While the public has known to some degree that Paul Manafort was being looked at by Special Counsel Robert Mueller for potential ties to Russia, as far as the investigation goes, we have been led to believe that Manafort was cooperating with investigators by handing over pertinent documents, and that up until this point, the relationship between investigators and Manafort has mostly been cooperative in nature.
This morning though, the Washington Post has dropped a bombshell of an article. According to Carol D. Leonnig, Tom Hamburger and Rosalind S. Helderman of the Post, a search warrant was issued by FBI agents in the pre-dawn hours of July 26 — exactly 2 weeks ago today — as the agents raided the Alexandria, Virginia home of Trump’s former campaign manager, Paul Manafort. As part of the raid, the agents seized documents, records and other materials.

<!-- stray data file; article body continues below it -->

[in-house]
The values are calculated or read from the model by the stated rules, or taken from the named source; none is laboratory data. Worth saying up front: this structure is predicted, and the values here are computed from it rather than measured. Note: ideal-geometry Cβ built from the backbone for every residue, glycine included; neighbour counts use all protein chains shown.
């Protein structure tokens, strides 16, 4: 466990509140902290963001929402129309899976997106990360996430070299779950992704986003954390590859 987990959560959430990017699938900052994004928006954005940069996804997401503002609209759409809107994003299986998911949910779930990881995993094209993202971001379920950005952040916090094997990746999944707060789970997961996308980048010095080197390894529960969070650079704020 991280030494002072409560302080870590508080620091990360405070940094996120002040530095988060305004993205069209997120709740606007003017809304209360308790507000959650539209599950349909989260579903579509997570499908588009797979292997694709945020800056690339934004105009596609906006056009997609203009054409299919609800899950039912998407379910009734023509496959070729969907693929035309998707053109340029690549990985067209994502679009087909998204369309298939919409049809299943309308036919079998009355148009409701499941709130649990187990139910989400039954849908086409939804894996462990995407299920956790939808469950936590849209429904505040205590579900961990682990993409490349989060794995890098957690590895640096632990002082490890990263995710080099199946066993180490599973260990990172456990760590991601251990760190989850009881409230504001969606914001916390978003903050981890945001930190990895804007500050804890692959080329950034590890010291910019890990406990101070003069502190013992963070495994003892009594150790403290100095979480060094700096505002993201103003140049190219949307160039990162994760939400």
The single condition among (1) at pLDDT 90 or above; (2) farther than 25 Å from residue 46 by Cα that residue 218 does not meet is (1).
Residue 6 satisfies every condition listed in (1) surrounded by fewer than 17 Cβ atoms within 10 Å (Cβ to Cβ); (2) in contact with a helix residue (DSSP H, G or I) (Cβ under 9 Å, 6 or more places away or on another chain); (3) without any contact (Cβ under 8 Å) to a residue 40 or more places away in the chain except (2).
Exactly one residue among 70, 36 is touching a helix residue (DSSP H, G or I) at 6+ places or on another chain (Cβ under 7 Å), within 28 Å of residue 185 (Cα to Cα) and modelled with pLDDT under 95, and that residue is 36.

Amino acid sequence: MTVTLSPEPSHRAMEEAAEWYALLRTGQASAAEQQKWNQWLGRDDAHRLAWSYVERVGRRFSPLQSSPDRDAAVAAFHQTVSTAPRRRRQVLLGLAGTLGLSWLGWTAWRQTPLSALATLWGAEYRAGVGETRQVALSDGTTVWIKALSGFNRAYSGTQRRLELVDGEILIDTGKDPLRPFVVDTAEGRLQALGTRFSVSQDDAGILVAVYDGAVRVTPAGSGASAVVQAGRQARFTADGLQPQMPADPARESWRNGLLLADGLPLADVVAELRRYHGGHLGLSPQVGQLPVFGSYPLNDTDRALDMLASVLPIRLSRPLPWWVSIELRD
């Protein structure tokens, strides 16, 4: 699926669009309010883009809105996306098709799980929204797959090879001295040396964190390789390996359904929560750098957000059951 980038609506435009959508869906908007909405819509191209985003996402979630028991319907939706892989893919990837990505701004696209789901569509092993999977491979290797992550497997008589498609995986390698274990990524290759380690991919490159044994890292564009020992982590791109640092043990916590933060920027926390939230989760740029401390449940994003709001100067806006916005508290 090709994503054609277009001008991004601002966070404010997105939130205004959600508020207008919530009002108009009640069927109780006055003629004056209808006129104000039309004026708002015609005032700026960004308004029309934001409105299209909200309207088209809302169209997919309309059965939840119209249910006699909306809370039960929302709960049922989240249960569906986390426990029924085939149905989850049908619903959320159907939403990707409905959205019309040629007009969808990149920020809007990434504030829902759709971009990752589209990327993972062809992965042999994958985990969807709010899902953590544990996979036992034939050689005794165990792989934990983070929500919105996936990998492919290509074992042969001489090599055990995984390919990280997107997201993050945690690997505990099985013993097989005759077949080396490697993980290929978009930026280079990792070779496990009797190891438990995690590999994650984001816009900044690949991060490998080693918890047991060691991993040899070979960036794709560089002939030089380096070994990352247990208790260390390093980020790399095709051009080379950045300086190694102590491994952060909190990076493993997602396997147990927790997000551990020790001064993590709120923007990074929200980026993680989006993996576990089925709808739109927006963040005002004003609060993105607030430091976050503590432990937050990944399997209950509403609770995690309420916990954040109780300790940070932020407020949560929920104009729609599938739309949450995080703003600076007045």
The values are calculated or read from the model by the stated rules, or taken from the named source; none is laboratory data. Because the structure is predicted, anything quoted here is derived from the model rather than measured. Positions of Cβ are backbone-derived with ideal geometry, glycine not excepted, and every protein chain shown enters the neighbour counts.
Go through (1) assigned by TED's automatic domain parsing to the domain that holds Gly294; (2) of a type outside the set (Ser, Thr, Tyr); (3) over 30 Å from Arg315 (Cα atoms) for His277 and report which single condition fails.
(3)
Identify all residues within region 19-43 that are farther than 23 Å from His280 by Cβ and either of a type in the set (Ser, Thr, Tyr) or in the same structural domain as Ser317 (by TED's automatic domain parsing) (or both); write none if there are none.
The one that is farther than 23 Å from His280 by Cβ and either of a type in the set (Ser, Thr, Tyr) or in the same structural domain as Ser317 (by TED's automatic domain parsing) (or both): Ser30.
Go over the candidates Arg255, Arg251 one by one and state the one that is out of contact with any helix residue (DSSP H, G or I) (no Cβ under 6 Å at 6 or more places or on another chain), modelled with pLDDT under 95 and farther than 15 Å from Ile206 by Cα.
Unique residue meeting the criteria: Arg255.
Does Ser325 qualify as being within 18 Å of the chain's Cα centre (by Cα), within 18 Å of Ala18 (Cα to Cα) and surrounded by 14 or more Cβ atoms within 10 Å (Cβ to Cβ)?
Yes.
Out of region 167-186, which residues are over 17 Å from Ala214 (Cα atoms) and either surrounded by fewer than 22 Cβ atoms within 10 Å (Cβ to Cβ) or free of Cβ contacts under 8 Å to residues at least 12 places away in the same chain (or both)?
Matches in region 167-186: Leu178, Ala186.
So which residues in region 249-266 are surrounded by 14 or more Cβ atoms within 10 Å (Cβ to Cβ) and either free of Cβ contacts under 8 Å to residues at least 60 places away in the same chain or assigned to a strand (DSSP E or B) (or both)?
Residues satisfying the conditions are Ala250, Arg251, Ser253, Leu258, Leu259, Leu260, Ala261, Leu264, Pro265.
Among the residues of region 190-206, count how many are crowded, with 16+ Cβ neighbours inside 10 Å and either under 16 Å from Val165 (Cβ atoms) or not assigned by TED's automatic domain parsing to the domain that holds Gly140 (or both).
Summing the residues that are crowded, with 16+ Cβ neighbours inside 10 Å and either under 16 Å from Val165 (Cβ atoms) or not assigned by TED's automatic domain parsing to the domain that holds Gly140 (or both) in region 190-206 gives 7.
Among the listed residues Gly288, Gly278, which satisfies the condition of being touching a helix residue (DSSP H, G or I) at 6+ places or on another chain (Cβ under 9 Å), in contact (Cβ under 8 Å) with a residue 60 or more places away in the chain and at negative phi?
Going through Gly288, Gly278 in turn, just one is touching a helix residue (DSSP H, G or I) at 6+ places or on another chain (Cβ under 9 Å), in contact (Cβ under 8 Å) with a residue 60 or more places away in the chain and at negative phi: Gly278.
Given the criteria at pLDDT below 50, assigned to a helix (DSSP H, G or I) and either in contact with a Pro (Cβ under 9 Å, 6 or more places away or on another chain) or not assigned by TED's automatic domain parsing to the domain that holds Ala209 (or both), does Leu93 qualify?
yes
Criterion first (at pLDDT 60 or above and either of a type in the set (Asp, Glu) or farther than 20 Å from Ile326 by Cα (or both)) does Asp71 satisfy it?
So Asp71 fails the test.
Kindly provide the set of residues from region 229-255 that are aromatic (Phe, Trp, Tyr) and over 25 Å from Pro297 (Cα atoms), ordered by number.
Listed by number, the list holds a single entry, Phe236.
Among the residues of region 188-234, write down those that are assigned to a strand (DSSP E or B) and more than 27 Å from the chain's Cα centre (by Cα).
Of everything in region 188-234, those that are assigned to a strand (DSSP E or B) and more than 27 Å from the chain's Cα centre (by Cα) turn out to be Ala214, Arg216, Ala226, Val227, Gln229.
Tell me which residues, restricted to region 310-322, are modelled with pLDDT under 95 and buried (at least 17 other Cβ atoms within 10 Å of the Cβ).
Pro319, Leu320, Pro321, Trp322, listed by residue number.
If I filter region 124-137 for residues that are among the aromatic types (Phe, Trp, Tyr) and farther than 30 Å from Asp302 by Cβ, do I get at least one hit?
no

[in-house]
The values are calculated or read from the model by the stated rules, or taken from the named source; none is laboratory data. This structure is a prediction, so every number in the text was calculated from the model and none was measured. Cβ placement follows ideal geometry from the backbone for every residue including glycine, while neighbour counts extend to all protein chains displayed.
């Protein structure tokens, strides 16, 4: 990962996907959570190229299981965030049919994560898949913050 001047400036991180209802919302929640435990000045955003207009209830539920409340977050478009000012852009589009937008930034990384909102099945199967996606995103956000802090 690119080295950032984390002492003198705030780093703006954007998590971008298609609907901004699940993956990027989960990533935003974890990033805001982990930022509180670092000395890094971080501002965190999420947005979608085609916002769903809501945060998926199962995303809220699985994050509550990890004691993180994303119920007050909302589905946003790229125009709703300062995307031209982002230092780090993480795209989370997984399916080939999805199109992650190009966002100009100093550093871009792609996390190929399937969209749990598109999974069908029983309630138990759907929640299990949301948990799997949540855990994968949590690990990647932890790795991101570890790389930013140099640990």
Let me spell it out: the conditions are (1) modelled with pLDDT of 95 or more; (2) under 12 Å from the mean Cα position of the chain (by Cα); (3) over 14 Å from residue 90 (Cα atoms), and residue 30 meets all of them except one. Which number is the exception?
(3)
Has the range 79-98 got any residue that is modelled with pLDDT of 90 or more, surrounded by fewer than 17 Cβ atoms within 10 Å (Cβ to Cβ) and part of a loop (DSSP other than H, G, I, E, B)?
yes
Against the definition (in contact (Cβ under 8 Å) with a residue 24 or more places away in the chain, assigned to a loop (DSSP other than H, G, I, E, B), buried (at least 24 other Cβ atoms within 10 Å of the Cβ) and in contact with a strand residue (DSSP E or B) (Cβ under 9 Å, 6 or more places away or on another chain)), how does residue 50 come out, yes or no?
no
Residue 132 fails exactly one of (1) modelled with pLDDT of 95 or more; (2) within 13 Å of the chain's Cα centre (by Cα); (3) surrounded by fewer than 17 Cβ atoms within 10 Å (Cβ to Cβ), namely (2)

This was also the day after Manafort had met with the Senate Intelligence Committee and voluntarily provided them with documents they had requested. It is interesting to note that in order to obtain a search and seizure warrant, the Special Counsel would have had to provide probable cause to a federal judge, and that judge would have had to agree that evidence of a crime was “probably” in the home of Manafort.
“If the FBI wanted the documents, they could just ask [Manafort] and he would have turned them over,” said a adviser close to the White House.
Obviously the FBI and Robert Mueller did not feel confident that Manafort would in fact turn over all pertinent documents voluntarily, and believed that he was hiding something.
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